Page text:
For the 2019 BIC Senior Banquet, the BIC recognized Drs. Thomas and Stacey Hibbs for their extended service to both BIC and the Honors College. On July 1, Dean Thomas Hibbs will become President of the University of Dallas, having served as Dean of Baylor’s Honor’s College since 2003. We are incredibly grateful for Dean Hibbs’ service to Baylor and BIC, but there might not be as many who have known of the service of Dr. Stacey Hibbs during this same period. Dr. Stacey Hibbs has served as Lecturer in BIC, where she most recently taught World Cultures I, World Cultures IV, Social World I, and along with Dean Thomas Hibbs, the BIC Capstone course. We were grateful to have Dr. Stacey Hibbs with us for the Senior Recognition Banquet, where she offered the following comments.
I would like to begin this evening, by apologizing in advance. For those of you who know me well, you know how much I dread large groups—at least there is no technology involved. Seriously, when I had to give large group presentations it was like an out-of-body experience—I never knew afterward what I had actually said. I also had interesting moments when I was watching other large group presentations, and I wonder if you ever had the same experience? Sometimes I would be watching and I would be distracted by very deep and important thoughts—Is Jason Whitlark a Jedi master? Chuck McDaniel is…the most collegial man in the world. Darn it, both of the Zori’s have better hair than I do! Wow, Stephen Jug has more costumes than I have clothes! And the inevitable—Mark Long is going to make me cry.
These random thoughts while BIC’ing lead me to something that I hope is a little more profound. My husband and I have been teaching a small contingent of your fellow BIC students in a capstone class on Friendship. One of the books we have been reading is C.S. Lewis’ the 4 loves. For those of you who aren’t familiar with the work, the four loves are Affection, Friendship, Eros, and Charity. And those are the subjects I would like to address tonight.
In BIC, affection arises naturally through shared experience. You all were randomly brought together and thrust into a common curriculum. You learned to extend grace to those of us who are graceless—can Hibbs even use technology? And We learned to tolerate your little idiosyncrasies as well—without naming names, some of you required a little bit of extra patience and attention—you know who you are. Yet, we bear with each other out of affection. We are part of the BIC.
In BIC, you have also experienced friendship. As Lewis puts it, friendship is ‘that luminous, tranquil, rational world of relationships freely chosen.” Your individuality leads you to seek out those who share a particular interest, who are “travelers on the same quest.” Friendship asks the profound question, “Do you see the same truth?” When you find friends, you will “fight beside them, read with them, argue with them, and pray with them.” Friendships are forged in the BIC.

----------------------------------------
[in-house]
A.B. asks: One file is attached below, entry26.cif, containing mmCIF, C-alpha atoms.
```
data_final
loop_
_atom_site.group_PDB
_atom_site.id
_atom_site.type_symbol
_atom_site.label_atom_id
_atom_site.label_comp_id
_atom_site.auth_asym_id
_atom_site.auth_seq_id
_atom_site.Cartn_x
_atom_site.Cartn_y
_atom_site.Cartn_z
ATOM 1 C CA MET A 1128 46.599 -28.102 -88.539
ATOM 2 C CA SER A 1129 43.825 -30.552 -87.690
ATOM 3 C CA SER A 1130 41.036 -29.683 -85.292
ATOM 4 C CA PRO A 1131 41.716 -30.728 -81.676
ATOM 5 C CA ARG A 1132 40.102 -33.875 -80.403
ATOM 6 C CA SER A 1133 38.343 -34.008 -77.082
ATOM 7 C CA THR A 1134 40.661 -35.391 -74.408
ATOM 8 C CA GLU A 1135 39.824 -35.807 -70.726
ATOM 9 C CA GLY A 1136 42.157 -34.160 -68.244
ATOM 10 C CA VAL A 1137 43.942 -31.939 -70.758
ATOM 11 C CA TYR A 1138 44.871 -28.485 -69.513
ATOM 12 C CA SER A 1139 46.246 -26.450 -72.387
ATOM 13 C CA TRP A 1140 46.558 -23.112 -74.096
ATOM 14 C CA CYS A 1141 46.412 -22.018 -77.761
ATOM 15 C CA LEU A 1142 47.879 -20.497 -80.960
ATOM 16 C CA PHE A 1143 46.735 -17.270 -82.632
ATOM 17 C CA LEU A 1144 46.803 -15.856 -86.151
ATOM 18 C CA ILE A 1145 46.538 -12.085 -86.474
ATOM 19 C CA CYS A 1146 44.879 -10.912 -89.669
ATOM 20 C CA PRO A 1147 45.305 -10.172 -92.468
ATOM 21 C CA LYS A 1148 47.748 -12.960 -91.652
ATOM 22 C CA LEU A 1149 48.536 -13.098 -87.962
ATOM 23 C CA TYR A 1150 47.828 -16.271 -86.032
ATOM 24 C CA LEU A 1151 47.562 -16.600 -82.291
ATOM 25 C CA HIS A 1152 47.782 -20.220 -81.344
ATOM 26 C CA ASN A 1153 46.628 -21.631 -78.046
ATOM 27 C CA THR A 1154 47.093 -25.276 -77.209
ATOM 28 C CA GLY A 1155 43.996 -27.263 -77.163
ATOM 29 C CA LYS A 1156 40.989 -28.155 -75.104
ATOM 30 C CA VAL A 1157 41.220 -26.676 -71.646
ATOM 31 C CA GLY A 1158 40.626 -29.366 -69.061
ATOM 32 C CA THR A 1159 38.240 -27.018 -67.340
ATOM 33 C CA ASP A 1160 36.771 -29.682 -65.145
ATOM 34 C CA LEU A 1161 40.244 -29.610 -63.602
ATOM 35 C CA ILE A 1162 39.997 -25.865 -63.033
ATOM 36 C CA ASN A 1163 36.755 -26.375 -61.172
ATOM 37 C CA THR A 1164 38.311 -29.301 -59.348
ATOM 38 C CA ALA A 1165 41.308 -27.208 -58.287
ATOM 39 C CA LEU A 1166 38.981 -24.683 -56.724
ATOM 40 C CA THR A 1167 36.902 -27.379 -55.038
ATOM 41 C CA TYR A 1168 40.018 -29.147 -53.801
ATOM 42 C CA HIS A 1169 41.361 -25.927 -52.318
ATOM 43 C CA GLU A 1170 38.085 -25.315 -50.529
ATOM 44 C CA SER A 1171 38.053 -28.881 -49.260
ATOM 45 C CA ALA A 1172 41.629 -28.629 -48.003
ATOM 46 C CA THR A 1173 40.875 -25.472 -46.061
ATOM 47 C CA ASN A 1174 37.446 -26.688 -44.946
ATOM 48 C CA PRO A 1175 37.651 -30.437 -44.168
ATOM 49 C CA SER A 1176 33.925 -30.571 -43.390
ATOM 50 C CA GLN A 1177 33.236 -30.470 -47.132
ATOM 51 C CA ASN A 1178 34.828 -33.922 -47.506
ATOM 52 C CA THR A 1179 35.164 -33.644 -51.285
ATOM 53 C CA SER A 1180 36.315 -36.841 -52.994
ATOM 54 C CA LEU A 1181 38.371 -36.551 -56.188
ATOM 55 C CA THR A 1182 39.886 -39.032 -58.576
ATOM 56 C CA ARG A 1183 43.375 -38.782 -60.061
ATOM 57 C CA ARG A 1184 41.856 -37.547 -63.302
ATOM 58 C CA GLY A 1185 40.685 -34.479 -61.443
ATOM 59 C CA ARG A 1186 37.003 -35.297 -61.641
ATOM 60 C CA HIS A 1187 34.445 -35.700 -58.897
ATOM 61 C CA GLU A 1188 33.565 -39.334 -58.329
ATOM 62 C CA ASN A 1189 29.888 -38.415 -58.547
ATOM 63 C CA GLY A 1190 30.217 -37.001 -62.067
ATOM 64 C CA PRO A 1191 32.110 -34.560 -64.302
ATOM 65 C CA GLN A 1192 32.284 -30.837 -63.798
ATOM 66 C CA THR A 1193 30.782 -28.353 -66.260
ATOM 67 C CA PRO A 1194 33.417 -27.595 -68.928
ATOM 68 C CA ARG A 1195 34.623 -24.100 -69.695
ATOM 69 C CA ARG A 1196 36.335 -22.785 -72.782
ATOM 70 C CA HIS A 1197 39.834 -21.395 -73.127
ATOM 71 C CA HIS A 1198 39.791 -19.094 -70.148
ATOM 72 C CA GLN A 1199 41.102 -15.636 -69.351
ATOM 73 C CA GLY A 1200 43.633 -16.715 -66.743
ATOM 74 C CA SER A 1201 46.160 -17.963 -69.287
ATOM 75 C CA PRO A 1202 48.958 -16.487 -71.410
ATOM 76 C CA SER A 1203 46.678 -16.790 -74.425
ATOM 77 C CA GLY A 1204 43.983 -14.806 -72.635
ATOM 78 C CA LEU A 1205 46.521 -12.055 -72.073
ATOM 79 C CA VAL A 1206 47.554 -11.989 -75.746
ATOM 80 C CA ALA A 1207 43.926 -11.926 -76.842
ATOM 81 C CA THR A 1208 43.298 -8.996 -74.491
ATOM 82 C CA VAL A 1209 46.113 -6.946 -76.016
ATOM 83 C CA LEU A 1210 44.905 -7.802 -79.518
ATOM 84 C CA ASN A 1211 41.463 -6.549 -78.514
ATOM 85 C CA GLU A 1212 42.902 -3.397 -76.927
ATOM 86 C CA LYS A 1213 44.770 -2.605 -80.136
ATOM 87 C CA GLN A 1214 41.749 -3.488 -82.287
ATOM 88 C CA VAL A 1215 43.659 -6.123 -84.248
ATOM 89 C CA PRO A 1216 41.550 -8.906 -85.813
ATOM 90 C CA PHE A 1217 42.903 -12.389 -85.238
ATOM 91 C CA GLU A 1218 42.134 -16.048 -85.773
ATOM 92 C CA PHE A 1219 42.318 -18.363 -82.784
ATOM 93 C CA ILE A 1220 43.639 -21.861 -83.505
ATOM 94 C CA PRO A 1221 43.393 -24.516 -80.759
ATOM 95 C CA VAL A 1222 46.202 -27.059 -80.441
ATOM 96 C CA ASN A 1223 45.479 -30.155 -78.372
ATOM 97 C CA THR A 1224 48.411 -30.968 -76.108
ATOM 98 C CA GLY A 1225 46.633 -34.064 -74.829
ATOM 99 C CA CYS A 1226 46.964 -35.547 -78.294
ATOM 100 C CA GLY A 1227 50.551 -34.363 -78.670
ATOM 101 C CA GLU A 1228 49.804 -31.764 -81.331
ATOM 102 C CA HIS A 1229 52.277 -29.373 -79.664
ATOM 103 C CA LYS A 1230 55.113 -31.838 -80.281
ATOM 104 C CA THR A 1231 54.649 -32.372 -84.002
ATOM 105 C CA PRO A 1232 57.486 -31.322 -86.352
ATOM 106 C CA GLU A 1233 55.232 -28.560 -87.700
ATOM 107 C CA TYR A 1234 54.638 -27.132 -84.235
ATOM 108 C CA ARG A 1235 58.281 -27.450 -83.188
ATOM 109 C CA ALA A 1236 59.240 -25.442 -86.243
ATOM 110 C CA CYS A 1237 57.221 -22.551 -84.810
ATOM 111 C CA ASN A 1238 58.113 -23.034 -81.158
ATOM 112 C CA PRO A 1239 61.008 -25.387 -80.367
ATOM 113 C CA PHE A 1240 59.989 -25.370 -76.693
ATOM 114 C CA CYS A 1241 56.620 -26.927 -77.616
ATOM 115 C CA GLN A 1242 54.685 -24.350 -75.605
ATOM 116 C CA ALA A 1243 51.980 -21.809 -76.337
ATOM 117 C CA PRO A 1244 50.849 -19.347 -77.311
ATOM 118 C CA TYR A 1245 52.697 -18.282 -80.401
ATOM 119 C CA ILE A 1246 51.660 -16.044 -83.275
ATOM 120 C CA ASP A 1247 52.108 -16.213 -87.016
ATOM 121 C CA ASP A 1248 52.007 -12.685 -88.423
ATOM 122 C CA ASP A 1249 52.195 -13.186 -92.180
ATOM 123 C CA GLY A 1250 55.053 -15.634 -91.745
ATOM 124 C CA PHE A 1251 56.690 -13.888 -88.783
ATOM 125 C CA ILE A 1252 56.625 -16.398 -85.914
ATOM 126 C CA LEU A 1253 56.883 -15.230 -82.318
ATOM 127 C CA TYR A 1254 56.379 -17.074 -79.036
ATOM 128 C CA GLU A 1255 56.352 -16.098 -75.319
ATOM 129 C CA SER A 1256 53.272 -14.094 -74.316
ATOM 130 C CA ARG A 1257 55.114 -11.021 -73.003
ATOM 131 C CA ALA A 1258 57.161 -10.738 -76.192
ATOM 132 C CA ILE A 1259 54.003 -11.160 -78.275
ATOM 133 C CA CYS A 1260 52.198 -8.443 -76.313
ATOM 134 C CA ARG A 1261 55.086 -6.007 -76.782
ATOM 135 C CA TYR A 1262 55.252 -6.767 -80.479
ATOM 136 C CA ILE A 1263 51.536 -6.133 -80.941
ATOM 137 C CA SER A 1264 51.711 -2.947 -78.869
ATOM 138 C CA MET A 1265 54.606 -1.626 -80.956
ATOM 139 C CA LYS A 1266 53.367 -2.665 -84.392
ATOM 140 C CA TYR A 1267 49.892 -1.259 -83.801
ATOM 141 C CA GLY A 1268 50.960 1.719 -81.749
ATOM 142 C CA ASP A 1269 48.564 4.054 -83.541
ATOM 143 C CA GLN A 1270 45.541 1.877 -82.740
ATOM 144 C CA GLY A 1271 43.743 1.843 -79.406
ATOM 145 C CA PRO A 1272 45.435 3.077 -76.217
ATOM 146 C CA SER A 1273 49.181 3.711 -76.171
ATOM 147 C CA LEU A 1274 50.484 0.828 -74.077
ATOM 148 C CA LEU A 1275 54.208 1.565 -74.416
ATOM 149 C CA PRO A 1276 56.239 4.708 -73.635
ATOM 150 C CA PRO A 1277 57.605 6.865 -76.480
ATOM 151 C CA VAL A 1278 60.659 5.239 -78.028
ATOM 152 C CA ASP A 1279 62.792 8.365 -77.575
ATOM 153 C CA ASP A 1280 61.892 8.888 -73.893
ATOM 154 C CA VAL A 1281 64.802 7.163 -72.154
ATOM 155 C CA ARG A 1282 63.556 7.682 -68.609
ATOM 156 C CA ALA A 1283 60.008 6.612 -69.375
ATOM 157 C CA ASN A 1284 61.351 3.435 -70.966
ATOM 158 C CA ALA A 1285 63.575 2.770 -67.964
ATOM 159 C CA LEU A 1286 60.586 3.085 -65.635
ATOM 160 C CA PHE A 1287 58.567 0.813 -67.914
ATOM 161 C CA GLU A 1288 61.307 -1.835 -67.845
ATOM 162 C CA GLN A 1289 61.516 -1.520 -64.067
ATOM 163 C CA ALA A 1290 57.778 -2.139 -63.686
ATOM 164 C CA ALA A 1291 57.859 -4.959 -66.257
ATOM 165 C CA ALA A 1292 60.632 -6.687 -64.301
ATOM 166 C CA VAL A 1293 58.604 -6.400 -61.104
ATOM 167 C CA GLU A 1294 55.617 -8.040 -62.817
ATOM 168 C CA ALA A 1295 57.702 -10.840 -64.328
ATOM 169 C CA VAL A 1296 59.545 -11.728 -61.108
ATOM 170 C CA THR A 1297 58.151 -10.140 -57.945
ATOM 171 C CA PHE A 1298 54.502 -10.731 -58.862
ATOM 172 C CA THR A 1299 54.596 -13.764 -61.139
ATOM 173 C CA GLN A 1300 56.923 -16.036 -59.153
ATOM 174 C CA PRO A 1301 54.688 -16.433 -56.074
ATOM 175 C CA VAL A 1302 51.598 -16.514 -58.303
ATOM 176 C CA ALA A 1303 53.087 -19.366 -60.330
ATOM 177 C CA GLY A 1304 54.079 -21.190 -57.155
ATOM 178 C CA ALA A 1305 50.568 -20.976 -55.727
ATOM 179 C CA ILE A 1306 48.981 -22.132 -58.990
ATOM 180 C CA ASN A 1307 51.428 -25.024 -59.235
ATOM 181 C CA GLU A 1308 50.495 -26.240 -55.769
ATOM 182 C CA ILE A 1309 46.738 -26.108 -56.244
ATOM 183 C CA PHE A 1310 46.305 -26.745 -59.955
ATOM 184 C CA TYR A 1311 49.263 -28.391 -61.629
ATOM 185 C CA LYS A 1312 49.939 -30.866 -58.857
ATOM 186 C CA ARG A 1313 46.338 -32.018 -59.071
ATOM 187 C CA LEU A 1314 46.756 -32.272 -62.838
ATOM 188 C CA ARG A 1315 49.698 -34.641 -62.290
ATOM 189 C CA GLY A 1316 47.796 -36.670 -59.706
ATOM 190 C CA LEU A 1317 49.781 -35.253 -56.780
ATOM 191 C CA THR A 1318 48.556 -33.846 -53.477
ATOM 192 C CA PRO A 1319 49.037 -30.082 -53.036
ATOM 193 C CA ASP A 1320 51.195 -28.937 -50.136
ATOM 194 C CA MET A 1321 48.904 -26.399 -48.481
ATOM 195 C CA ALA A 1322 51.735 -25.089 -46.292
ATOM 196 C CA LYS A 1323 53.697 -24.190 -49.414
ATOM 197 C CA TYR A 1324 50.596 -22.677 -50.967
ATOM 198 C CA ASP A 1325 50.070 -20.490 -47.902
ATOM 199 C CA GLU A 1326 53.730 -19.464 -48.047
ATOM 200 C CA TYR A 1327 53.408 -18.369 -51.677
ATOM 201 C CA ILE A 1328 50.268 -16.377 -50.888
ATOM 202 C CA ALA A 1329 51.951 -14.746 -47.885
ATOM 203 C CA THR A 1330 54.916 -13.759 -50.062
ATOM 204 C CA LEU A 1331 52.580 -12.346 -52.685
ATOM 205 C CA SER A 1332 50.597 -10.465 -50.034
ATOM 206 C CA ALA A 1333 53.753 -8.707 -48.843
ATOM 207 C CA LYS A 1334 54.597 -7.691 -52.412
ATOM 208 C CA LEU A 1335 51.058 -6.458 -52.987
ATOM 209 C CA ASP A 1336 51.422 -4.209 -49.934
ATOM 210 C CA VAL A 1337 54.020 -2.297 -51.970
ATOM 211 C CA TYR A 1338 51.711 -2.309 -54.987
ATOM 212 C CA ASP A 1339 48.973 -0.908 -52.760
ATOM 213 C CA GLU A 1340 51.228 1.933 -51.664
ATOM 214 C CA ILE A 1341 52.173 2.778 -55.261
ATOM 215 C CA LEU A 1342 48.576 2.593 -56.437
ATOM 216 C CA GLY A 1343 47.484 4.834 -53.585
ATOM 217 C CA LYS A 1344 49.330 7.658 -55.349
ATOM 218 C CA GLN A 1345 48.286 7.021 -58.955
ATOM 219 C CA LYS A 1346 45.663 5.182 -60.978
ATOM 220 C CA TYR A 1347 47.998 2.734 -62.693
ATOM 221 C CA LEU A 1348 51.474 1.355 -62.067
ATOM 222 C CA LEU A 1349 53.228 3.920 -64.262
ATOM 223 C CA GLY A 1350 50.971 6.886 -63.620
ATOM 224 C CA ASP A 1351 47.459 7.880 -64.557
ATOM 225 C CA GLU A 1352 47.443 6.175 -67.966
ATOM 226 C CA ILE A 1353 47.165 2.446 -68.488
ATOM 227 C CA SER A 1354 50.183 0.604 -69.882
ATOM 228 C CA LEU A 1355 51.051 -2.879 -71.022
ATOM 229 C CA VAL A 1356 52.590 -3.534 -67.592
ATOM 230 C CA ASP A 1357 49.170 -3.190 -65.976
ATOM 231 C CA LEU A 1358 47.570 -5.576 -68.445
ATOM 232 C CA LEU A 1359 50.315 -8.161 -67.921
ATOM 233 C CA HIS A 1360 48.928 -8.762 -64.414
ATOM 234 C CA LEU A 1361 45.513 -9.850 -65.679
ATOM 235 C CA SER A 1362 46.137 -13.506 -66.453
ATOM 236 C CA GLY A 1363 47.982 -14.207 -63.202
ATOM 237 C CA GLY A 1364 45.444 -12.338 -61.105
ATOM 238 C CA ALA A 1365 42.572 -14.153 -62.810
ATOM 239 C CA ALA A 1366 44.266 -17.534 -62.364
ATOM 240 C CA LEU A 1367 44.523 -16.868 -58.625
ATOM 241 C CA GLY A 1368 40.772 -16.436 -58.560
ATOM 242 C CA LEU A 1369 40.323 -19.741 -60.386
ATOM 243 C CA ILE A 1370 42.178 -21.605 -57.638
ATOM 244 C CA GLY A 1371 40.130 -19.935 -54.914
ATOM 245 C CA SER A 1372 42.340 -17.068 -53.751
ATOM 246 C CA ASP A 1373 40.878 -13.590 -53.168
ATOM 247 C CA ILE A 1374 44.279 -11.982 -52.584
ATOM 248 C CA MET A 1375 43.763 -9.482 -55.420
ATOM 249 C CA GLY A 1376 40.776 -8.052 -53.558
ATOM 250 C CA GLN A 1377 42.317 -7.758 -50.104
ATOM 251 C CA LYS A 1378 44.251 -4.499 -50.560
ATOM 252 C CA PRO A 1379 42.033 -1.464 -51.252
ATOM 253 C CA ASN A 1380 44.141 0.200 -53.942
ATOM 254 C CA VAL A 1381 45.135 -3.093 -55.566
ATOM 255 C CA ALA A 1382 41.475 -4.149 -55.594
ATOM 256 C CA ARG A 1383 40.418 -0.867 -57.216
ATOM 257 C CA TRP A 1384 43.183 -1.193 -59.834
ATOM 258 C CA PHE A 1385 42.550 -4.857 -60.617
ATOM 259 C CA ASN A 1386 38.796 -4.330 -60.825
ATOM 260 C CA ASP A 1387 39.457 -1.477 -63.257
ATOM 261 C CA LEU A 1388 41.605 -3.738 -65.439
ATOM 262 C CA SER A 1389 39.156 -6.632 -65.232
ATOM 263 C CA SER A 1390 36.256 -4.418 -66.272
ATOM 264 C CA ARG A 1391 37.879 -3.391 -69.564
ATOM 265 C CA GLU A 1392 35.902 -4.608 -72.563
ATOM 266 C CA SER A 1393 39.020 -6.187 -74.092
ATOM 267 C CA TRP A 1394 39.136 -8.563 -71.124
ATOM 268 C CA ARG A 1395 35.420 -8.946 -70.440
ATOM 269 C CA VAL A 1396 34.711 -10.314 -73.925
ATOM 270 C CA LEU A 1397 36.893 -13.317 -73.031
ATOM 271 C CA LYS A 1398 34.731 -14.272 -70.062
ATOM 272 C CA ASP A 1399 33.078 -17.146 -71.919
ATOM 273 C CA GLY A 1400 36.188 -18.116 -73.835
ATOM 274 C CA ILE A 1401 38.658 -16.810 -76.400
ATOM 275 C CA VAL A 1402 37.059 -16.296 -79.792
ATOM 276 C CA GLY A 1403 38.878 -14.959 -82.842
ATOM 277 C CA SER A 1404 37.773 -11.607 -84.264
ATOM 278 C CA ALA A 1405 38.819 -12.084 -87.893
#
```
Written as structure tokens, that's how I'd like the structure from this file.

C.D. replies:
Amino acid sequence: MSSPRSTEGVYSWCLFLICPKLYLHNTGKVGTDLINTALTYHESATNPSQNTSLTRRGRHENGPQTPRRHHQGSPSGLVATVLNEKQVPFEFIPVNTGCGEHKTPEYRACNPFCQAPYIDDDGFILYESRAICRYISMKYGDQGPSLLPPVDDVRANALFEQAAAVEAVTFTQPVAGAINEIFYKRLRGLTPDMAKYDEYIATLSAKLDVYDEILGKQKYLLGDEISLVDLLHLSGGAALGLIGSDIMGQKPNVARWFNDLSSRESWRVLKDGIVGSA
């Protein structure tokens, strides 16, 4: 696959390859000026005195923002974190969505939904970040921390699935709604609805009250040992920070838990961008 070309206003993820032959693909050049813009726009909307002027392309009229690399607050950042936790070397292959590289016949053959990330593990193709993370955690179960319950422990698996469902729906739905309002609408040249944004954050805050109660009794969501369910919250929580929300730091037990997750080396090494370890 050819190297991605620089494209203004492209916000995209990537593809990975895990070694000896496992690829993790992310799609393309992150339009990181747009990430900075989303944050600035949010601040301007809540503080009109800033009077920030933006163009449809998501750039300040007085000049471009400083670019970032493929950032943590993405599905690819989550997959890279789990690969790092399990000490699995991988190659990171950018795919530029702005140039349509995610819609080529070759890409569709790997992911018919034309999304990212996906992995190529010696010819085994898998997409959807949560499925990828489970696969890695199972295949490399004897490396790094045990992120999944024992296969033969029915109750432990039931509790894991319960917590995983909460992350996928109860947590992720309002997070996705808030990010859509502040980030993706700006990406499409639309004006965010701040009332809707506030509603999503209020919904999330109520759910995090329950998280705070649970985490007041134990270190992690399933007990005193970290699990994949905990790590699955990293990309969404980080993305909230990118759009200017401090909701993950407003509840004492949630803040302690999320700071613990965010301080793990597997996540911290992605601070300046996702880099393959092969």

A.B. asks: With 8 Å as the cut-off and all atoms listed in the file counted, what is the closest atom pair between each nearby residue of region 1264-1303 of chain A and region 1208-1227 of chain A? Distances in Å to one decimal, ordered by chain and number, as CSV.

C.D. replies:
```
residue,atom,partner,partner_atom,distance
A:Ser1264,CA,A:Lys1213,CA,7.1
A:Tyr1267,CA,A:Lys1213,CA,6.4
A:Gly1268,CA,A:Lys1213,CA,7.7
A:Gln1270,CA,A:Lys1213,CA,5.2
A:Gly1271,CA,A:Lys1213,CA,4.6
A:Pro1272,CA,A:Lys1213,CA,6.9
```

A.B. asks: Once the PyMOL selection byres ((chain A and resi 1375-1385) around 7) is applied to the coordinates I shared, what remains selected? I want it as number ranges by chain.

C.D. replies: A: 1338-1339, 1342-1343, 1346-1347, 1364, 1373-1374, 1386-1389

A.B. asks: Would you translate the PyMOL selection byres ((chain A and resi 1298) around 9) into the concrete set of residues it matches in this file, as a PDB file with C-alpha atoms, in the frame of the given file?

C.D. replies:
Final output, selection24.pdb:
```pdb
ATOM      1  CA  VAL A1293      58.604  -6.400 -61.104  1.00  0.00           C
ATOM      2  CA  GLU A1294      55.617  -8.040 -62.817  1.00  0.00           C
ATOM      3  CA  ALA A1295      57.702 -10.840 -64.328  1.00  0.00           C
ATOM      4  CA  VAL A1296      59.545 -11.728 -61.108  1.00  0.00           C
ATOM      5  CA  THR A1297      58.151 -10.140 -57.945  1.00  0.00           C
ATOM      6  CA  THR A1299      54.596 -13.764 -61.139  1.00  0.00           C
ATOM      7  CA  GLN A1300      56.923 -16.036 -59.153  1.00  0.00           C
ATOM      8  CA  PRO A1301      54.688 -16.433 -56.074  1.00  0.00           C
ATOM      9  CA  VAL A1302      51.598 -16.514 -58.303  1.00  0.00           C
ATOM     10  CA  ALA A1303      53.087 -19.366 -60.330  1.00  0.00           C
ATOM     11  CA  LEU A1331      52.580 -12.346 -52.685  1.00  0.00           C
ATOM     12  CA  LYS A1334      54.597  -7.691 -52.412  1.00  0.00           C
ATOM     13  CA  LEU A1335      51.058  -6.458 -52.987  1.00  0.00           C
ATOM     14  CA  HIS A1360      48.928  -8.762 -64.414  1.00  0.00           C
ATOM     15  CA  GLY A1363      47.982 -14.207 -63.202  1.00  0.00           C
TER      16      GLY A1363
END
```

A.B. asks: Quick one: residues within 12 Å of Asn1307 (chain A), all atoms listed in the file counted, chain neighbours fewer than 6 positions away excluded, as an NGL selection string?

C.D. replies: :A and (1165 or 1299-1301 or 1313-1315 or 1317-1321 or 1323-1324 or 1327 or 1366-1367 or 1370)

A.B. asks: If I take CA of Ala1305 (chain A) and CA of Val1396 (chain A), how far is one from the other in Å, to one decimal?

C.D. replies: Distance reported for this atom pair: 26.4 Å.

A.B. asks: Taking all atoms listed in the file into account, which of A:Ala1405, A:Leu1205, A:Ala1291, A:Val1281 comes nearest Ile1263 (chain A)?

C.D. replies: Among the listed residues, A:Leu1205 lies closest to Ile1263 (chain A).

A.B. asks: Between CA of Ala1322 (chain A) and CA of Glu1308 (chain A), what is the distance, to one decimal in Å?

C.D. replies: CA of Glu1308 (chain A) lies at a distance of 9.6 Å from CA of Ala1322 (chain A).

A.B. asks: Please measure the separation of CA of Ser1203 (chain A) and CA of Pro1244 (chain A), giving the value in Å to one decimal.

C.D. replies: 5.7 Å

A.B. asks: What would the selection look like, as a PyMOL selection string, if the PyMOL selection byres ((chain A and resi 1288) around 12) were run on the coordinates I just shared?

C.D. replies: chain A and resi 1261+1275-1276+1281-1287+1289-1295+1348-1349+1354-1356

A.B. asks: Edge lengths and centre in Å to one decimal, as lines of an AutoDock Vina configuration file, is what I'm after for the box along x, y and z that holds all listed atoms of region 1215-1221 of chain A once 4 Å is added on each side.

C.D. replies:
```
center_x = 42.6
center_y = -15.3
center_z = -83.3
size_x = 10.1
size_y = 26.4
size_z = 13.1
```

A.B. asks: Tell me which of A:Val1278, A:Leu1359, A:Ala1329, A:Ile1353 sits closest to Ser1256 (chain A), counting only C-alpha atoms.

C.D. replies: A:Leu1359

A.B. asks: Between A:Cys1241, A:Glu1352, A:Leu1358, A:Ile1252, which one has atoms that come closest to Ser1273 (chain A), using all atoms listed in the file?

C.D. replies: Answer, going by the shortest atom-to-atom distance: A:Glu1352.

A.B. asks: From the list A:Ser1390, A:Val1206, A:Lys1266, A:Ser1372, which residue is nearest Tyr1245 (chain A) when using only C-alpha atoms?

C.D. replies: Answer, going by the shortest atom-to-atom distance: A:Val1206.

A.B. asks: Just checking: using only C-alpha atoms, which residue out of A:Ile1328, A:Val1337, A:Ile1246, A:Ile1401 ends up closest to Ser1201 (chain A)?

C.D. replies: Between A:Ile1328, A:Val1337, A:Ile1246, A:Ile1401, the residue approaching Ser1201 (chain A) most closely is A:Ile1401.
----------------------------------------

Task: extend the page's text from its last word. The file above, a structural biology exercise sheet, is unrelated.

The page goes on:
Some of you will have found erotic love in the BIC—not the random search for physical pleasure, but a search for the beloved—the one you will marry. This is your partner in life. Two immortal souls drawn together for a good greater than the self. And, if you find yourself in need of an officiant—the BIC can provide this as well—see Sarah Walden.
Finally, Lewis speaks of the need-love and gift love that is informed by God himself—and it is a love that involves transformation and brokenness. It involves “forbearance, tolerance, and forgiveness.” Charity. How do we draw nearer to God and to others? What is required of us to do so? As Lewis puts it, “We shall draw nearer to God, not by trying to avoid the sufferings inherent in all loves, but by accepting them and offering them to Him; throwing away all defensive armor. If our hearts need to be broken, and if he chooses this as the way in which they should break, so be it.”
The BIC may have broken your heart—the empty chairs that are here—friends like David and Noah—who are not.
And now if I could have all of the BIC faculty and staff stand and remain standing.
And, now it is time to move on. It is fitting and proper for you to do so. And it is fitting and proper for us to let you—our reward as teachers is to be able to say with confidence, to paraphrase Lewis, you need us no longer.